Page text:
Russia eyes growth on Asia-Pacific arms market

Source: RIA Novosti/Sergey Subbotin

Source: RIA Novosti/Sergey Subbotin

Ahead of the LIMA 2015 exhibition in Kuala Lumpur, the head of the regional department at the Russian state arms exporter, Rosoboronexport, Vladimir Yereshchenko, has given an interview to the Rossiya Segodnya news agency to discuss Russia’s prospects on the Asia-Pacific market and the latest models the Russian defense industry has to offer.

Traditionally, the Asia-Pacific region has accounted for nearly half of all Rosoboronexport sales. Given their growing economic potential, the countries of the region are becoming increasingly more interested in beefing up their “muscles” in order to improve their defense capability. The main trend is, of course, to develop one’s own defense industry and to make active use of offset programs. We are ready for this scenario. Furthermore, we have extensive experience in setting up large joint and licensed productions, in technology transfer and in implementing truly unique projects.

There is a whole range of Asia-Pacific countries that we are only just starting to cooperate with. In particular, we would like to enter the markets of the Philippines and Brunei, to expand our ties with Thailand, to step up contacts with South Korea. All these countries have traditionally focused on Western manufacturers. However, times are changing and windows of opportunity are emerging that we shall make sure to use. In addition, we are busy developing relations with Nepal. There are now two Mi-17 helicopters in that country that we supplied. We are also expanding links with Sri Lanka and Bangladesh.

Arms requirements of Asia-Pacific countries: from air defense to naval systems

Russian air defense systems are perhaps one of the most promising areas in military-technical cooperation with Malaysia. There are no talks on specific deliveries currently under way, however there is indeed a great interest in Russian air defense systems here. That covers the Igla-S, Pantsir-S1 and Buk-M2E systems. We are therefore engaged in marketing work to promote them on the Malaysian market. There remains a consistent interest in patrol boats and in the coastal control systems we offer. Coastal defense is a priority for Malaysia, especially given that the problem of piracy in the Strait of Malacca remains rather pressing.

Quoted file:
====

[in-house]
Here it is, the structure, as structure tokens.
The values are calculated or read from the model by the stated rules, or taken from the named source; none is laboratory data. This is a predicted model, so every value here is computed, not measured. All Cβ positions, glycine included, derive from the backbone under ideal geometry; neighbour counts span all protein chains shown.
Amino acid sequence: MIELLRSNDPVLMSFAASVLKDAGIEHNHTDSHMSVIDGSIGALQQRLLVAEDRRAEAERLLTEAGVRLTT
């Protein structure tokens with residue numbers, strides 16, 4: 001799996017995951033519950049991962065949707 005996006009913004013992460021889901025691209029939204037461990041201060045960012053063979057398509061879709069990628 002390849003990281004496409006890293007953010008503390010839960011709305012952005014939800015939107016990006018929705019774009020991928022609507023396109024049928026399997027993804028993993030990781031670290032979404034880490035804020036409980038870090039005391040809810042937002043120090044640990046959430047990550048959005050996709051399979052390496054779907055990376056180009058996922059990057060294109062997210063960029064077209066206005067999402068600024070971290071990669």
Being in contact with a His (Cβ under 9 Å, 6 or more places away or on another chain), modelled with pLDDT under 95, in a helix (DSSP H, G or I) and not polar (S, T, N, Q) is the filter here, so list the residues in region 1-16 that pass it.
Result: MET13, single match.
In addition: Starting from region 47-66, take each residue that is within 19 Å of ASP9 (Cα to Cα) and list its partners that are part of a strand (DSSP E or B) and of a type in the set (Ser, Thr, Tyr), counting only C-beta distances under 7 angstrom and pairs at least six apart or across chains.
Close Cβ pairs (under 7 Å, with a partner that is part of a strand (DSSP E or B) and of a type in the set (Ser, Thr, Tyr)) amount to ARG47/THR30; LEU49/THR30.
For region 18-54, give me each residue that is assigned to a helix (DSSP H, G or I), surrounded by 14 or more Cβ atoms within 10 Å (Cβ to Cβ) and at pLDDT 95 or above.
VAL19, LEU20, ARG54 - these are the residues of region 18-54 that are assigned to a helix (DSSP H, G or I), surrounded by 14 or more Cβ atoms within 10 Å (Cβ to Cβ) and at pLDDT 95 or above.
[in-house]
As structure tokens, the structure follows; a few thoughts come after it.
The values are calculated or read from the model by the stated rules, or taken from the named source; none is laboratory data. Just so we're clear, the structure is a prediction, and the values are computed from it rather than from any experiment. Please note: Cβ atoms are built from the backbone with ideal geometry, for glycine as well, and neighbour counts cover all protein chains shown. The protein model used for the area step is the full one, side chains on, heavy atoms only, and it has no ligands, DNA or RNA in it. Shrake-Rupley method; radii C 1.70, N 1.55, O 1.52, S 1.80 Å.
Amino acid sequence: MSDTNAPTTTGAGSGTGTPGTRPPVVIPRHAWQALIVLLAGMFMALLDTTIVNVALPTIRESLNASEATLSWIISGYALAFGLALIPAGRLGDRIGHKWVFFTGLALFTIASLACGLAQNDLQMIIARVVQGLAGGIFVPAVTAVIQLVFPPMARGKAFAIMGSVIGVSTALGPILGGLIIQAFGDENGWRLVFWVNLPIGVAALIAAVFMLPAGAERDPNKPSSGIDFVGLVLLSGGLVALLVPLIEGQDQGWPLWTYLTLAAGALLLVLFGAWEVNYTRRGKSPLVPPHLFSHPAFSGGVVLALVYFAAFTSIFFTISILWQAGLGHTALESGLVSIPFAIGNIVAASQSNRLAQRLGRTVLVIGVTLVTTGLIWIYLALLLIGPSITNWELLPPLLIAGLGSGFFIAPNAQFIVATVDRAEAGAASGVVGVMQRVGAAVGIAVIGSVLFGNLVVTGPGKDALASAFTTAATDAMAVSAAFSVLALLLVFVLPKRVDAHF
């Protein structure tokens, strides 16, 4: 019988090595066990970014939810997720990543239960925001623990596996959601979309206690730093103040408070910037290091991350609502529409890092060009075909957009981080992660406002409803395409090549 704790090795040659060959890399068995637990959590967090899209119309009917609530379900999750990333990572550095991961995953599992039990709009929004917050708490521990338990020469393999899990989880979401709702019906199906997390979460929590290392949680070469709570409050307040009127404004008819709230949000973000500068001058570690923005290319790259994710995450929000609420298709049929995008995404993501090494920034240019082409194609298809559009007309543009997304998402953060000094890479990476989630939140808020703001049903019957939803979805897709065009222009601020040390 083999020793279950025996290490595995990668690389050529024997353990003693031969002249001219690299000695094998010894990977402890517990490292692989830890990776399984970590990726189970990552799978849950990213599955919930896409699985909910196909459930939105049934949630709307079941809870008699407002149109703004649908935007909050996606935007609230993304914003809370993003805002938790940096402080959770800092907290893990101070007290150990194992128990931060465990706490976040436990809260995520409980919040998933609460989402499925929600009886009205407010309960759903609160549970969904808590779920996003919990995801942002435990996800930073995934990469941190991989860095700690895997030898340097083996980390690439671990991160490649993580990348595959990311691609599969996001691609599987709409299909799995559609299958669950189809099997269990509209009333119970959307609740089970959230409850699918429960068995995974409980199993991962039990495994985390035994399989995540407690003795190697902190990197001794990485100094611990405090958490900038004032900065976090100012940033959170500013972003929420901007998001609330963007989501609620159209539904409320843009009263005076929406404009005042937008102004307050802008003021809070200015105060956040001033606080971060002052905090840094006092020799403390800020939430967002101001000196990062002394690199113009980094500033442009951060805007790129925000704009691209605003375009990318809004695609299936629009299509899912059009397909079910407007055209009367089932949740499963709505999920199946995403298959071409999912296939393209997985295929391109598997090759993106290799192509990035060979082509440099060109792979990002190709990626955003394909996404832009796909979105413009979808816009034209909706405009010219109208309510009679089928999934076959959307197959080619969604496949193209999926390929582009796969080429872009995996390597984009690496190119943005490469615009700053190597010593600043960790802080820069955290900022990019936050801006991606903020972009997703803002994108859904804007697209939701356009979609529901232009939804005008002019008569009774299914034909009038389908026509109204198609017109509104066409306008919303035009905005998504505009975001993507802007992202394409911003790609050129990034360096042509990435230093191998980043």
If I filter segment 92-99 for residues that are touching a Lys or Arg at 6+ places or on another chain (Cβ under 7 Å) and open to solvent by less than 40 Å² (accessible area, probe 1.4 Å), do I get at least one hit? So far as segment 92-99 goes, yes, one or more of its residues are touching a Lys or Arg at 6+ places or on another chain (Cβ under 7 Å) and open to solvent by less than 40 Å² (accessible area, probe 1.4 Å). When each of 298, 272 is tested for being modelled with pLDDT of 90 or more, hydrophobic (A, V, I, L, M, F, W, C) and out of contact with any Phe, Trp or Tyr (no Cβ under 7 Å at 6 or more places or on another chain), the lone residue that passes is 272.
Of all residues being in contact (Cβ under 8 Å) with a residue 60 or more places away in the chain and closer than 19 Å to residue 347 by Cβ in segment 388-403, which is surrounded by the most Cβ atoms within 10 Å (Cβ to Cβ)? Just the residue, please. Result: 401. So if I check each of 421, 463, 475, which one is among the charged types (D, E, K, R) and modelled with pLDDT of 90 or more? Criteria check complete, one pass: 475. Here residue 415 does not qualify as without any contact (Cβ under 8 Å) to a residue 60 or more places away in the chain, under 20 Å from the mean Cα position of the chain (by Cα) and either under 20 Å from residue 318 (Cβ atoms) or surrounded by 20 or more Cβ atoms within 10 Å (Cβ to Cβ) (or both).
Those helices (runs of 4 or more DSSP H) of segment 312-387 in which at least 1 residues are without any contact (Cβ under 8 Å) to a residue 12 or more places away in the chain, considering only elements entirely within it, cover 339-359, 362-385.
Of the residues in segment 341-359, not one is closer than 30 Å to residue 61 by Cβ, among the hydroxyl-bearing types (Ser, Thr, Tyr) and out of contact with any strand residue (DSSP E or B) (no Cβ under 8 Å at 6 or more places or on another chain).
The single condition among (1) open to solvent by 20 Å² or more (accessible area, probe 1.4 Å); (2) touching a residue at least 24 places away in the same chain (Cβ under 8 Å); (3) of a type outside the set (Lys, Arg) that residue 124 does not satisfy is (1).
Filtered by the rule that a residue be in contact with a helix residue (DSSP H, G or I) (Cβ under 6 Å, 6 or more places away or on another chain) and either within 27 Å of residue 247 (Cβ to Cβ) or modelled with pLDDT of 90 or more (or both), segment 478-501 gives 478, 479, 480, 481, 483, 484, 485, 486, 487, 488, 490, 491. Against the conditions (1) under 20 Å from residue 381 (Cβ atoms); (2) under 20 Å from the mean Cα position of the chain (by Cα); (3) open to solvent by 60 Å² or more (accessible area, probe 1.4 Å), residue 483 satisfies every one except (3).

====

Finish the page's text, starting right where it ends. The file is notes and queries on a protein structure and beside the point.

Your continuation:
Aircraft: focus on Yak-130 and Be-200

Despite the fact that the Be-200 is a unique aircraft and has no equivalents elsewhere in the world as far as some of its parameters are concerned, it still takes quite a lot of time to promote it. One needs to realize that far from all countries need aircraft like that. Yet we continue our efforts to promote it in this region, since the Be-200 could be of interest – primarily to countries that have long maritime borders.

At the same time, we are also very optimistic about Yak-130 sales in the Asia-Pacific region. A contract to supply these aircraft to Bangladesh has been signed. In addition, together with the manufacturer we are continuing active marketing efforts to promote the Yak-130 in Malaysia, Indonesia and Sri Lanka.

Military-technical cooperation with Indonesia will expand

The IndoDefence show that was held in Jakarta in November last year confirmed the significant interest our Indonesian partners have in a wide range of Russian aircraft, naval systems and armored vehicles, as well as air defense systems. The diesel-electric submarines of Project 636 still remain in the sphere of interest of the Indonesian Navy. It is a very successful project, fully developed technologically and meeting all the modern requirements. We expect a visit from an Indonesian delegation in the near future. Indonesia is currently forming its defense budget for the next five years; we are currently on standby as it were. But it is temporary. At the very least, Rosoboronexport is doing its best to strengthen Russia’s position on the Indonesian market.

 

The above is an abridged version of the interview. The full text in Russian is available at Roe.ru on March 17.


Read more: Eight facts about Russian combat patrol missions

 

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